Taxation is the lifeblood of a modern liberal democracy. It is the one policy area without which nearly all of the other functions and aspects of the state would not be possible. Yet in the face of this reality, many Americans continue to believe that they can receive the goods and services provided by a modern regulatory, administrative, social-welfare state with low taxes and limited government. Many politicians and everyday Americans have even perpetuated the myth that they are “overtaxed” compared to the citizens of other advanced, industrialized nations.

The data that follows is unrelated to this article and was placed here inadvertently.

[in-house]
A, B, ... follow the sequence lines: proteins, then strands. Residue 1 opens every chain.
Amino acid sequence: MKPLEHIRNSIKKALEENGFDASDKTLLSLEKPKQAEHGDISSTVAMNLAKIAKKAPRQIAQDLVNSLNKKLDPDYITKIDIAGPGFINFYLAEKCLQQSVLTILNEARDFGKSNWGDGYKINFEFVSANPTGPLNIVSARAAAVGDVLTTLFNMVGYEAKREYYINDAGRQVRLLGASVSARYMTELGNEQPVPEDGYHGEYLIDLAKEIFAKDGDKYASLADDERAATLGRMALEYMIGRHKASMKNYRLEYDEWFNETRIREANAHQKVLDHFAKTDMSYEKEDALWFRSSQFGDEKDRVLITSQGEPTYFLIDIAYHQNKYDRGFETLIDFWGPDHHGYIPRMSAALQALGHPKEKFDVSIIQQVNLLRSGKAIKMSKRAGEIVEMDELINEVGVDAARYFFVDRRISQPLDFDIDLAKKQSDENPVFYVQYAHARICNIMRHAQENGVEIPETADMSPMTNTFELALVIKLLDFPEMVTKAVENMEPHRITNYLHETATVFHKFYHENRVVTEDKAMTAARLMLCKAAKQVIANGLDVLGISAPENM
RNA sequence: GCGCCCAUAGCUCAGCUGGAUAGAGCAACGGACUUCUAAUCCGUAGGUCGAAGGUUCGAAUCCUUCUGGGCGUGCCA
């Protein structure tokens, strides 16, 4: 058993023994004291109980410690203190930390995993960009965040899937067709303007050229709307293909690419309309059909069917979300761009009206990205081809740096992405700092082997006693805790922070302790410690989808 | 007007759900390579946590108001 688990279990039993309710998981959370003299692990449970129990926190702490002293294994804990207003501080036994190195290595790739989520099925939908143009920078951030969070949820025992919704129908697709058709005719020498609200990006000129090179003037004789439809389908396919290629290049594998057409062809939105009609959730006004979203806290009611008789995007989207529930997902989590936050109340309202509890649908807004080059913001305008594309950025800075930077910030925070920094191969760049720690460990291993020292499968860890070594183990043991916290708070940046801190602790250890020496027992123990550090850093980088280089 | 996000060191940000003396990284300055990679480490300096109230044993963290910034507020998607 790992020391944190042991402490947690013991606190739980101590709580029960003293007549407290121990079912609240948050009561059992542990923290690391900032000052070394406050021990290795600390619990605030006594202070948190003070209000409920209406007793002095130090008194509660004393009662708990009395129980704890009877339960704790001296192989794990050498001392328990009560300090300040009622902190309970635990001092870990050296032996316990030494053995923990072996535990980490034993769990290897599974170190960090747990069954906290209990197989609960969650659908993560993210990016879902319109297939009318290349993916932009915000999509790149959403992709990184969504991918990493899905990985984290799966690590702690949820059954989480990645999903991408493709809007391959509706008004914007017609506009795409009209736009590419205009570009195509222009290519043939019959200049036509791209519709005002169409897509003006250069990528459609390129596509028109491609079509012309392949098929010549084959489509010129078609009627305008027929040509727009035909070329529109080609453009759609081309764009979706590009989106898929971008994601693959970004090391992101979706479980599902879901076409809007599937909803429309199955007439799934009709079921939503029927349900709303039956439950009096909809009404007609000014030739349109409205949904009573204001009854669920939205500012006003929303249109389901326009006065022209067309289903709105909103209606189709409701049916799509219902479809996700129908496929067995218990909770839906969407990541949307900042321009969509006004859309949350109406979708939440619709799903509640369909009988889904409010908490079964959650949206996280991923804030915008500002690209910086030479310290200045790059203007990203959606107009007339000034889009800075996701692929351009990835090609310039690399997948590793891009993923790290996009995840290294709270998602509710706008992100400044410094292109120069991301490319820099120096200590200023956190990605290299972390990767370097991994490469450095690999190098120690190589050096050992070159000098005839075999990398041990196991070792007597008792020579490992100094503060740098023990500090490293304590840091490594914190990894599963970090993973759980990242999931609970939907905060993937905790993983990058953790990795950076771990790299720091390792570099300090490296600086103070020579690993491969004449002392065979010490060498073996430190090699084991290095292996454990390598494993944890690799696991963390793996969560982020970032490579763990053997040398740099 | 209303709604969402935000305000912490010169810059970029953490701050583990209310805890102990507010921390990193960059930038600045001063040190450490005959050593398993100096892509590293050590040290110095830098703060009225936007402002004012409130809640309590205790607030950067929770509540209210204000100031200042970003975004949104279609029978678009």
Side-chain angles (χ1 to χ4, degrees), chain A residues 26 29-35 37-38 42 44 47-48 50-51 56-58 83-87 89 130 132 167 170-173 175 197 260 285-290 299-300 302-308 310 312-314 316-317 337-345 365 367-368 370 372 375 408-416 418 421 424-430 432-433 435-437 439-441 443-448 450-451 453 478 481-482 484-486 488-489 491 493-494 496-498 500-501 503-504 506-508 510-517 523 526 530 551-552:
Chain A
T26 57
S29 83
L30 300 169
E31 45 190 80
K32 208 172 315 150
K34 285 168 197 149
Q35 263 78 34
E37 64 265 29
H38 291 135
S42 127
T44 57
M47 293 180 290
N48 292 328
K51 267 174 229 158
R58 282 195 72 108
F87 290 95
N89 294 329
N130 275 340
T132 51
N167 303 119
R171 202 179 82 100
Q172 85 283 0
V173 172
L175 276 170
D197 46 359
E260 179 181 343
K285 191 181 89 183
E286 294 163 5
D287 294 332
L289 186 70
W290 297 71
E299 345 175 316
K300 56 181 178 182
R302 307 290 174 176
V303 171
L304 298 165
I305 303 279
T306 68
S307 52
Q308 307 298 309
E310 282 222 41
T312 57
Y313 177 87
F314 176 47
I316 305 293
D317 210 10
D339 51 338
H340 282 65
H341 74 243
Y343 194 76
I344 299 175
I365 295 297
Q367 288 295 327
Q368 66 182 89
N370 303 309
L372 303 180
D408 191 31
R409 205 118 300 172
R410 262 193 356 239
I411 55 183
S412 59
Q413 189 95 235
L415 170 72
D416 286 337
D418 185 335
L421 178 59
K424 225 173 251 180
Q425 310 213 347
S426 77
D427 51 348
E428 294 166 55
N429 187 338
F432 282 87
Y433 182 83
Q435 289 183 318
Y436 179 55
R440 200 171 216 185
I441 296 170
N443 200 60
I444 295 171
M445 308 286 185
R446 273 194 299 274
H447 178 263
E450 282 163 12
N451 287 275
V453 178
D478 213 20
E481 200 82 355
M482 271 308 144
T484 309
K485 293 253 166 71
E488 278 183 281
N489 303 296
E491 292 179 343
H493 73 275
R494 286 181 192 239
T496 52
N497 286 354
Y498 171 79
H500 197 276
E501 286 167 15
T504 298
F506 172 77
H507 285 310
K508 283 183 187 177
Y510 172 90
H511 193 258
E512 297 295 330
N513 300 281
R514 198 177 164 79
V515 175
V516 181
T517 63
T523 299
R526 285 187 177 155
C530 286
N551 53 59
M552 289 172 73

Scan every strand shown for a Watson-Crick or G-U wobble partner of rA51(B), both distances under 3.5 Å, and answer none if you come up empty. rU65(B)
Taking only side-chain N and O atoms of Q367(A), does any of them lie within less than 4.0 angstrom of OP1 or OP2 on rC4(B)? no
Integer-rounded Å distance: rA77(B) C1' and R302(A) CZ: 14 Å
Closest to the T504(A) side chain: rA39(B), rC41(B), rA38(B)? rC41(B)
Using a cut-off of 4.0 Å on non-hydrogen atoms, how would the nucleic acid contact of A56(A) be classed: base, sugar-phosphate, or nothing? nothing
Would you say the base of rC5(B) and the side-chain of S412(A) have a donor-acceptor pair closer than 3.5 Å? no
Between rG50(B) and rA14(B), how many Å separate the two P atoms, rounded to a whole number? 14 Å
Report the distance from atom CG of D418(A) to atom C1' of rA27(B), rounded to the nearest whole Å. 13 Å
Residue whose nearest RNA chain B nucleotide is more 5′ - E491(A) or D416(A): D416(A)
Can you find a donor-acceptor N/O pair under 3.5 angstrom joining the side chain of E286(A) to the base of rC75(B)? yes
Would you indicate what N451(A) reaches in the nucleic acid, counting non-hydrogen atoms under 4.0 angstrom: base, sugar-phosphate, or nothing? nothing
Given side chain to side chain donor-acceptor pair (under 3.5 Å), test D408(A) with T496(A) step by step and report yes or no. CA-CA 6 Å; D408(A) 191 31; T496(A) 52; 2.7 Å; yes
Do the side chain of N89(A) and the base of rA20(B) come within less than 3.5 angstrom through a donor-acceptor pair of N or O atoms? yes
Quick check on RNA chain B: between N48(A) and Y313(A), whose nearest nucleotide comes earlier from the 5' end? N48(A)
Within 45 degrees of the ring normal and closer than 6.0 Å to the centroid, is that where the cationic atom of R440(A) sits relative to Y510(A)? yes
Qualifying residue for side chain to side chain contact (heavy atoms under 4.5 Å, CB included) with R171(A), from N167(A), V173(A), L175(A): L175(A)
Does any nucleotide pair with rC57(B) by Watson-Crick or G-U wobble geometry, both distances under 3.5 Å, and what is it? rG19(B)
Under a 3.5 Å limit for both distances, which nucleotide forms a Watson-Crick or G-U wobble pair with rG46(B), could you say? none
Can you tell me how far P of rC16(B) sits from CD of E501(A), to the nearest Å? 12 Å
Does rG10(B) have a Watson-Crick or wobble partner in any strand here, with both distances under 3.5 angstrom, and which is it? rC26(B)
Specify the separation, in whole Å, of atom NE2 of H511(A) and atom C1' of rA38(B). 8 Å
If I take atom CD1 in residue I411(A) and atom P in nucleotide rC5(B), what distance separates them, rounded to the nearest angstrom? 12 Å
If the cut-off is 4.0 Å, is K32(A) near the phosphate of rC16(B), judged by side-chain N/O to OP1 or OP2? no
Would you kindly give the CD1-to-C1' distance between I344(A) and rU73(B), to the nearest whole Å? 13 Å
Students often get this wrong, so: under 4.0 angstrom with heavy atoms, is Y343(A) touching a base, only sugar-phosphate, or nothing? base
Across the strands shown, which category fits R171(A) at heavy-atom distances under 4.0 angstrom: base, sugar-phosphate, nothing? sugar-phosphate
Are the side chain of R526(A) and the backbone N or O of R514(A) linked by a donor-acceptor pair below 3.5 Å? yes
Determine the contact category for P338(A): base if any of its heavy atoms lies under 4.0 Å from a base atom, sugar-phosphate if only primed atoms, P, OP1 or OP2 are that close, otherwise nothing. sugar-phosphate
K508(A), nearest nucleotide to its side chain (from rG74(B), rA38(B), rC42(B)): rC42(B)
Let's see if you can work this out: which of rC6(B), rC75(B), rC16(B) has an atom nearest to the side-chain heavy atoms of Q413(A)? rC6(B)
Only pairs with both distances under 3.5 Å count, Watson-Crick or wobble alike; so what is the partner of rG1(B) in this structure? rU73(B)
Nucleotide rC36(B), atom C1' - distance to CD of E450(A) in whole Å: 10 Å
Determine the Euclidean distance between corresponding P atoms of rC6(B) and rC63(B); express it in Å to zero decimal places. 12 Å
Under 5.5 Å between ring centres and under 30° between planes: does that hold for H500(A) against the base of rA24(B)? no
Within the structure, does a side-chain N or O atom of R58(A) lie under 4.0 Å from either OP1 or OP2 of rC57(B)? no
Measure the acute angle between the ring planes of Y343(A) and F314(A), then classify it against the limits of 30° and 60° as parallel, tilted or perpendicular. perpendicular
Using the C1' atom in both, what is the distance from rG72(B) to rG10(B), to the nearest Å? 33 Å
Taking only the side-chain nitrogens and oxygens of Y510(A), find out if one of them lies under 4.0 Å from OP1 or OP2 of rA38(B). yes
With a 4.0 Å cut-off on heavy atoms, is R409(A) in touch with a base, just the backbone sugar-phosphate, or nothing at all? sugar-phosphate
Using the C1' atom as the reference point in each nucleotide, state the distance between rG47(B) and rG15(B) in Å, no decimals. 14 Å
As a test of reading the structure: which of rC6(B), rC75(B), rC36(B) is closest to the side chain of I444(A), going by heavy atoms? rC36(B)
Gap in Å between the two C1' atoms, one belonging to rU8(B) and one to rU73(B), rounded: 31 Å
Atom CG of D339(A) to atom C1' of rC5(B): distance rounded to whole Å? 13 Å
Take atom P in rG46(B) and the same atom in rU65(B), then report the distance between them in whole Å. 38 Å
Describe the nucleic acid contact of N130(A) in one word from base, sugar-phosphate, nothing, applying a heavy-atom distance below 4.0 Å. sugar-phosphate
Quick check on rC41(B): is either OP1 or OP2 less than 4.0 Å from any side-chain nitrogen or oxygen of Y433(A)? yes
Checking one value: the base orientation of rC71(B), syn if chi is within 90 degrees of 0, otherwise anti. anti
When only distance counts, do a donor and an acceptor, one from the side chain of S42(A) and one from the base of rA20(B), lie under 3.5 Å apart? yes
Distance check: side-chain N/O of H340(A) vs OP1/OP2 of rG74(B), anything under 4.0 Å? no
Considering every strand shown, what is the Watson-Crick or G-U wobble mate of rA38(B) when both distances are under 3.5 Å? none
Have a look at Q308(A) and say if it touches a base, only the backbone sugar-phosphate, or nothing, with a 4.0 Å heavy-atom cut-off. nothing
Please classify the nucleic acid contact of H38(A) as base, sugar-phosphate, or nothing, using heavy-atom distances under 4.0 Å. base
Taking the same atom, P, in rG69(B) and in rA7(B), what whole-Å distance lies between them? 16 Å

Despite these claims, there is little comparative empirical evidence to support the fable of the “overtaxed American.” Even a cursory examination of well-known statistics shows that the United States is a stark outlier in how little it taxes its citizens. Not only is the United States well behind other advanced countries in the total amount of taxes raised as a portion of national income; more conspicuously, the United States is one of the few industrialized nations without a national consumption tax such as a value-added tax (VAT).